This is the first in a series of profiles of young men who successfully navigated adolescence, academia and adversity to become interesting and productive citizens of the world. Their stories of what worked for them can offer inspiration to our sons as they contemplate their future, and to parents as we try to guide them along the way. GCP contributor Kareema Pinckney brings us Vernon’s story.
Professional photographer Vernon Young Jr. is a visual storyteller who uses his photographic skills to capture the most intimate moments of life.
Much of his work depicts his love for people and the human condition. His passion for photography makes him sensitive to the beauty that is all around, capturing the essence of each subject in every session. He loves his work, and is thrilled to be able to devote so much of his time to pursuing his passion.
Vernon never thought joining the military would be key to his finding his passion and following his dreams.
Twenty-seven year old Vernon is a native of Pittsburgh, PA. As a child he lived with his two parents and six siblings in a low-income housing development. He witnessed other family members’ struggle with addiction, friends’ deaths, and felt the stress of limited resources.
It wasn’t until his parents decided to move the family to the South Side of Pittsburgh and regularly attend Lighthouse Church that his life would change forever. Vernon explains:
“I hated moving at first, but I now know it was a greater plan for my life. This move opened my mind and my heart to be influenced in ways that I had only dreamed about. With the clarity that I received from church, I was able to get through some of the more difficult decisions in my life.”
Vernon’s first love was football, and he nurtured childhood dreams of pursuing a college scholarship and one day entering the NFL. However, he ultimately determined that he was more interested in attending college for business rather than pursuing a sports scholarship. But the daunting financial obligations of college convinced the young man to follow in his father’s footsteps and serve in the U.S. military.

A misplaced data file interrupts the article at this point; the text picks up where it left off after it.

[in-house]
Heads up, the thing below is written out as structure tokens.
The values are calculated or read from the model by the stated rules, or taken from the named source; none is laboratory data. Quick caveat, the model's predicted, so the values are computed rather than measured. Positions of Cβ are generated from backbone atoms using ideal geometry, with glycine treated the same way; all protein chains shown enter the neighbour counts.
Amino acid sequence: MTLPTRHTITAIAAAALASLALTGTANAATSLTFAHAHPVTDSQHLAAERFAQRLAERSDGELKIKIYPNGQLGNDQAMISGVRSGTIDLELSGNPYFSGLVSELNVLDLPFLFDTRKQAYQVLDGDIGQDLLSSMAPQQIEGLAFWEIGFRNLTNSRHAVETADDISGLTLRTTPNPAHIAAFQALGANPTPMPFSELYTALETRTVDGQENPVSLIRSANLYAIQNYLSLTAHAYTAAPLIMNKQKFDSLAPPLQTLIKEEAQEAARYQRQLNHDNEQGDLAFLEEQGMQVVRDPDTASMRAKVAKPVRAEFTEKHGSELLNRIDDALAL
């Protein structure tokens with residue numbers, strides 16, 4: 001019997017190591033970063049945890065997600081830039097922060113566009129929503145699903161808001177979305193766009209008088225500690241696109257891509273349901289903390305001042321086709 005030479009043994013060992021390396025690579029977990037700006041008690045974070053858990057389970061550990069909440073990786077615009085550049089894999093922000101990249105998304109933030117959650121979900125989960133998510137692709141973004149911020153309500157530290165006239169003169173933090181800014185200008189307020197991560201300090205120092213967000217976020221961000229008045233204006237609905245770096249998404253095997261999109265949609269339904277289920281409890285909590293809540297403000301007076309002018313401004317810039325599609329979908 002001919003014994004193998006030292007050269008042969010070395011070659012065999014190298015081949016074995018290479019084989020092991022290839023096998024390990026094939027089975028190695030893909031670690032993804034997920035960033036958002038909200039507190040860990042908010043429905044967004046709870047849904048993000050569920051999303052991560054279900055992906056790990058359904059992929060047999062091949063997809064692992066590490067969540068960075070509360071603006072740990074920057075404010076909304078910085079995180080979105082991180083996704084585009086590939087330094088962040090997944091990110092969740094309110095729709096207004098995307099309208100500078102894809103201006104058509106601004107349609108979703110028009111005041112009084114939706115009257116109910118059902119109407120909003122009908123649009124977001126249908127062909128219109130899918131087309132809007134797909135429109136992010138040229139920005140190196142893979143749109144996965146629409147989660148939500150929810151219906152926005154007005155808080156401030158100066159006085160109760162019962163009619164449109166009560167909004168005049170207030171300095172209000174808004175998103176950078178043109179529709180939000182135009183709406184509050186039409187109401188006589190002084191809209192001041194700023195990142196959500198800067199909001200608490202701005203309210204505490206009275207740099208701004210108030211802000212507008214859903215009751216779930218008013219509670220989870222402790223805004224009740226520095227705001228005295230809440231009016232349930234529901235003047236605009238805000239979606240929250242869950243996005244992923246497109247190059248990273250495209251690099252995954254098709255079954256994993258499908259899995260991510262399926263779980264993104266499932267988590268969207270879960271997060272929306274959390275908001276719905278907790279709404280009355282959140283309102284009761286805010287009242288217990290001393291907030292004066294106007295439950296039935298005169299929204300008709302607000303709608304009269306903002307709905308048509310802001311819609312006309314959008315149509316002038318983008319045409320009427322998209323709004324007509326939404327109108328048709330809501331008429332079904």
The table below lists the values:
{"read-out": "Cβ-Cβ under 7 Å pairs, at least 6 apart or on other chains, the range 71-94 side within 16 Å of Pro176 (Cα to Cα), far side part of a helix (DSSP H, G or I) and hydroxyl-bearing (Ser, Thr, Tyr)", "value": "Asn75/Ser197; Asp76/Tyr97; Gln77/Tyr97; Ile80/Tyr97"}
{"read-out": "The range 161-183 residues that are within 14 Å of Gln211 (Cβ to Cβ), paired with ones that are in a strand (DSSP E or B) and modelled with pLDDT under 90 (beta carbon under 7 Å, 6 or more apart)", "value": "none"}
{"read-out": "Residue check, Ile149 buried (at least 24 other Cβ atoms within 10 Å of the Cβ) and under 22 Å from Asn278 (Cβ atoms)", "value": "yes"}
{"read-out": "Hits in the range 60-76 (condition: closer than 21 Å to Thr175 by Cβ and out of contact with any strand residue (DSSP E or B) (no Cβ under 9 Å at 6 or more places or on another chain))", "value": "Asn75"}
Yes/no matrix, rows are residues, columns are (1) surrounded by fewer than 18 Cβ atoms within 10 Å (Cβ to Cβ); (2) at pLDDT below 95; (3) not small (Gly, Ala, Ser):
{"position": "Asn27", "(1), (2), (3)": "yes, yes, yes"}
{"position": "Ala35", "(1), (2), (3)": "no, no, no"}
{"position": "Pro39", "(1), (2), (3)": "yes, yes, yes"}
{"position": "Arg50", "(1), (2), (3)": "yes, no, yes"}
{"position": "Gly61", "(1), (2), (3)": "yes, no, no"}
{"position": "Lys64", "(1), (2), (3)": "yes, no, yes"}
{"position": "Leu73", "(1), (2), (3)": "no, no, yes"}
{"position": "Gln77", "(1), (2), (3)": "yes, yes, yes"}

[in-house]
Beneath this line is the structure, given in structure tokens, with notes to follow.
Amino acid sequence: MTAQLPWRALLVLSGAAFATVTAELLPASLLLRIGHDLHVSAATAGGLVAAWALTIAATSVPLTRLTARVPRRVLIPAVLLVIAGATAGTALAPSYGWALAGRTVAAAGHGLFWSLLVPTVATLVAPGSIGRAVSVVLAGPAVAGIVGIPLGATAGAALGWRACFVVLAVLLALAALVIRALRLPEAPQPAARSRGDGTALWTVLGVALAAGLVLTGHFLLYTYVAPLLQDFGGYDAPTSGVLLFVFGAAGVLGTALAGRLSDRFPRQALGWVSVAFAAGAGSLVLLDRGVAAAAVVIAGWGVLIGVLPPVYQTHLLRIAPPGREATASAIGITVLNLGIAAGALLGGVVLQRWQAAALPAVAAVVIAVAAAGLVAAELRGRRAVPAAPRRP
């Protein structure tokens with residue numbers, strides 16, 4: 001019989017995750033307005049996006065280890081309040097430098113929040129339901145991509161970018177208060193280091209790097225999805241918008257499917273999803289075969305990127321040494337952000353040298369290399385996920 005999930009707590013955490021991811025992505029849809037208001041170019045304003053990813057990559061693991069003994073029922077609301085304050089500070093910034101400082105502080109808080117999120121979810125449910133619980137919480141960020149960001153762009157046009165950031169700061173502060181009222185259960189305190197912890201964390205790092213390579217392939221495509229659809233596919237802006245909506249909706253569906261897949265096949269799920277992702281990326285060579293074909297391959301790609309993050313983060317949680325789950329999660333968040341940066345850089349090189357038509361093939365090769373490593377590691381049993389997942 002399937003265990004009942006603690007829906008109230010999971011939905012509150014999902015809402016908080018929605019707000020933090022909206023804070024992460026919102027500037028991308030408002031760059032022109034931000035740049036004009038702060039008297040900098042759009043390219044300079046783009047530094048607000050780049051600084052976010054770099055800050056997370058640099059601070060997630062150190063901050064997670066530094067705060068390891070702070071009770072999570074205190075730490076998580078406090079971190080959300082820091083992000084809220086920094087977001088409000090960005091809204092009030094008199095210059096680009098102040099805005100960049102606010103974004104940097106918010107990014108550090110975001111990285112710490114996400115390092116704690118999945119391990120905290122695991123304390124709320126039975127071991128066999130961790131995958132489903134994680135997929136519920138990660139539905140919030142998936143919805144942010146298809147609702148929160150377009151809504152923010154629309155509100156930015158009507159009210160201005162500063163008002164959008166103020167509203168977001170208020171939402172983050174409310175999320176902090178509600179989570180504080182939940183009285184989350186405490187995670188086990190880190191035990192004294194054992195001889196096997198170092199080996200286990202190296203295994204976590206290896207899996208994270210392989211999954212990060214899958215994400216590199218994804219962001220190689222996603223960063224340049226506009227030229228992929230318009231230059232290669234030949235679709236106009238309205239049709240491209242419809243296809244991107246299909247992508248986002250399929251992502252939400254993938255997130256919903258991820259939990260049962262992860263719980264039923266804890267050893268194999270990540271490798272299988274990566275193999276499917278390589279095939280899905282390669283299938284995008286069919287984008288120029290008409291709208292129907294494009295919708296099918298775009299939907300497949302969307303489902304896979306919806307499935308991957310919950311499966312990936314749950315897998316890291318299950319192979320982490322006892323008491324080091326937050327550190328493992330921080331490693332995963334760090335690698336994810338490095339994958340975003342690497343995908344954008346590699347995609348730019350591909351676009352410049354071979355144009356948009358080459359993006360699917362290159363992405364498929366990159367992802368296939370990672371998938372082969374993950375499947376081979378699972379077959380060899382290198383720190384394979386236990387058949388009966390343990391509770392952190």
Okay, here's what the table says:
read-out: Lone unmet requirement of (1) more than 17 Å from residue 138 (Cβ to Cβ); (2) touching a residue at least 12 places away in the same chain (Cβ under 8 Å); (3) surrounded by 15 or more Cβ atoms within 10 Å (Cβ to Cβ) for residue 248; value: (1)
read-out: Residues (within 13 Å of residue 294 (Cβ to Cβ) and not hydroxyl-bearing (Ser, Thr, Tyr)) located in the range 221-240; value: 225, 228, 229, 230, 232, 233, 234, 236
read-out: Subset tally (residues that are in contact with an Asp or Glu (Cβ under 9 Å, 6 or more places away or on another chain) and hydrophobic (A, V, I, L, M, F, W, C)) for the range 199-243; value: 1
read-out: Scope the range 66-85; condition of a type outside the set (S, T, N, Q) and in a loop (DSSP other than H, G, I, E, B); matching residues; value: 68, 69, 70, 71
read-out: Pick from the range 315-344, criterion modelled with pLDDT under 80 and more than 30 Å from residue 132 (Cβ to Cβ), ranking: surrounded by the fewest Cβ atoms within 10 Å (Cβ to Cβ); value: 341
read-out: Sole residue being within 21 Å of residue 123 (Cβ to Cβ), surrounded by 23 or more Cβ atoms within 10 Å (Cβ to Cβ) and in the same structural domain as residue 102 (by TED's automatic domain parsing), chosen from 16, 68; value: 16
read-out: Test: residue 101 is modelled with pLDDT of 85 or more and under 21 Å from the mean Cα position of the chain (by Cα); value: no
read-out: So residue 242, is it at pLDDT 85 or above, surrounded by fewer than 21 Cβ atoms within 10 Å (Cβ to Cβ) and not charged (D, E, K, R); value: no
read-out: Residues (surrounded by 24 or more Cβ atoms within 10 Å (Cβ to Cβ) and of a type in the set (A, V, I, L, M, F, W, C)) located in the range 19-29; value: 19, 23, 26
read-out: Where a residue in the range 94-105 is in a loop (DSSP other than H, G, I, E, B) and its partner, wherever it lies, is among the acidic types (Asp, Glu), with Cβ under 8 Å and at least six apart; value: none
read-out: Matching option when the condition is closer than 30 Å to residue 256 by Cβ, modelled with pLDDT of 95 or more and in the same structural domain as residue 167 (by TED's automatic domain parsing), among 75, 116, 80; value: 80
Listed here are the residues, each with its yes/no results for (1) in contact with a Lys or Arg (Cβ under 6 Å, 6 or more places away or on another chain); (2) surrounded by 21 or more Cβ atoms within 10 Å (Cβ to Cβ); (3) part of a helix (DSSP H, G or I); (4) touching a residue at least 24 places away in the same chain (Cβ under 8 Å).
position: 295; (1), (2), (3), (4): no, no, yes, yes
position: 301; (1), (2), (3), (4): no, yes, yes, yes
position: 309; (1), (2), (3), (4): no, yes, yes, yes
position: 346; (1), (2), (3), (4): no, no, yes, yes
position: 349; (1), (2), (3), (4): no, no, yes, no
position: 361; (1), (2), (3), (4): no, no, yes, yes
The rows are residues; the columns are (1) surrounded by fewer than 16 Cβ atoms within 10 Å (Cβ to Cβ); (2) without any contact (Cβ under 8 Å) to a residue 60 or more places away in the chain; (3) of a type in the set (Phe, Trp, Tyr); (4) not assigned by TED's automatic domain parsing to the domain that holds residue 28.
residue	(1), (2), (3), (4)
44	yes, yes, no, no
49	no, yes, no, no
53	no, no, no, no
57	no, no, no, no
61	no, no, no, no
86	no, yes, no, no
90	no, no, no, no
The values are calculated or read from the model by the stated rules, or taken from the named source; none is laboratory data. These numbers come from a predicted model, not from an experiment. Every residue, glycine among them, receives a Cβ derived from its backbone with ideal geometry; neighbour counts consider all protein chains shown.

Vernon’s belief that the military was his best option didn’t eliminate his skepticism about what he was getting into. He notes,
“I thought these wealthy congressmen were sending young people to be killed for a war I knew nothing about at the time. I was uneducated about the methods of war, the tactics we used as a country and why we were in war at the time. “
However, it wasn’t until Vernon was exposed to photography in the Air Force that his perspective drastically changed. “I wasn’t supposed to be a photographer in the Air Force. I was actually selected to be a services apprentice.” In his third week of training he required emergency surgery, and was switched into the photography unit during his recovery. He was quite happy about the switch. “I felt this was a blessing in disguise because I wanted to be a photographer, not a cook.”
Vernon quickly discovered how much he loved photography, and that he had a real talent for it. In 2008, he was selected to Syracuse University’s S.I Newhouse School of Public Communication’s Military Photojournalism program, which is designed to equip military photographers with the tools necessary to document high level missions.
Through his military service Vernon was able to express his love for storytelling through photography. He learned how to look for the emotions in his shots, and take the shots in difficult mixed lighting situations. Vernon currently serves in the U.S. Air force as a full-time photographer. He also takes time to use his gift to capture intense heartfelt moments outside of work, which can be seen here.
Vernon is proud of his decision to join the military. “If I knew then what I know now, I would do exactly what I did. I’ve gained experience with some of the top professionals in the world, received a college education to further my ability to complete my mission, and am able to spend a lot of time with my family. The military has enabled me to learn, become passionate about my work and improve my overall quality of life.”
Vernon further advises young men that when considering the military or any important decision, to always make sure you have a plan.
“If you go into a situation without a plan, you plan to fail. I would advise a young man to join the military to learn to serve first and then to achieve his personal goals in finances, networking and education. The military has set my priorities straight, while some of my friends never got around to developing a healthy balance in their lives. If one is afraid to join because of war, one must realize there are just as many murders in the U.S. as there are deaths in the war.“
For Vernon, joining the military yielded wonderfully positive results. Have you and your sons considered this option? Should parents be concerned about preparing our sons to go to war in order to give them an opportunity to advance their education? Or do you feel that the potential benefits outweigh the risks? Have any of your sons had great educational experiences through their military service? GCP wants to know!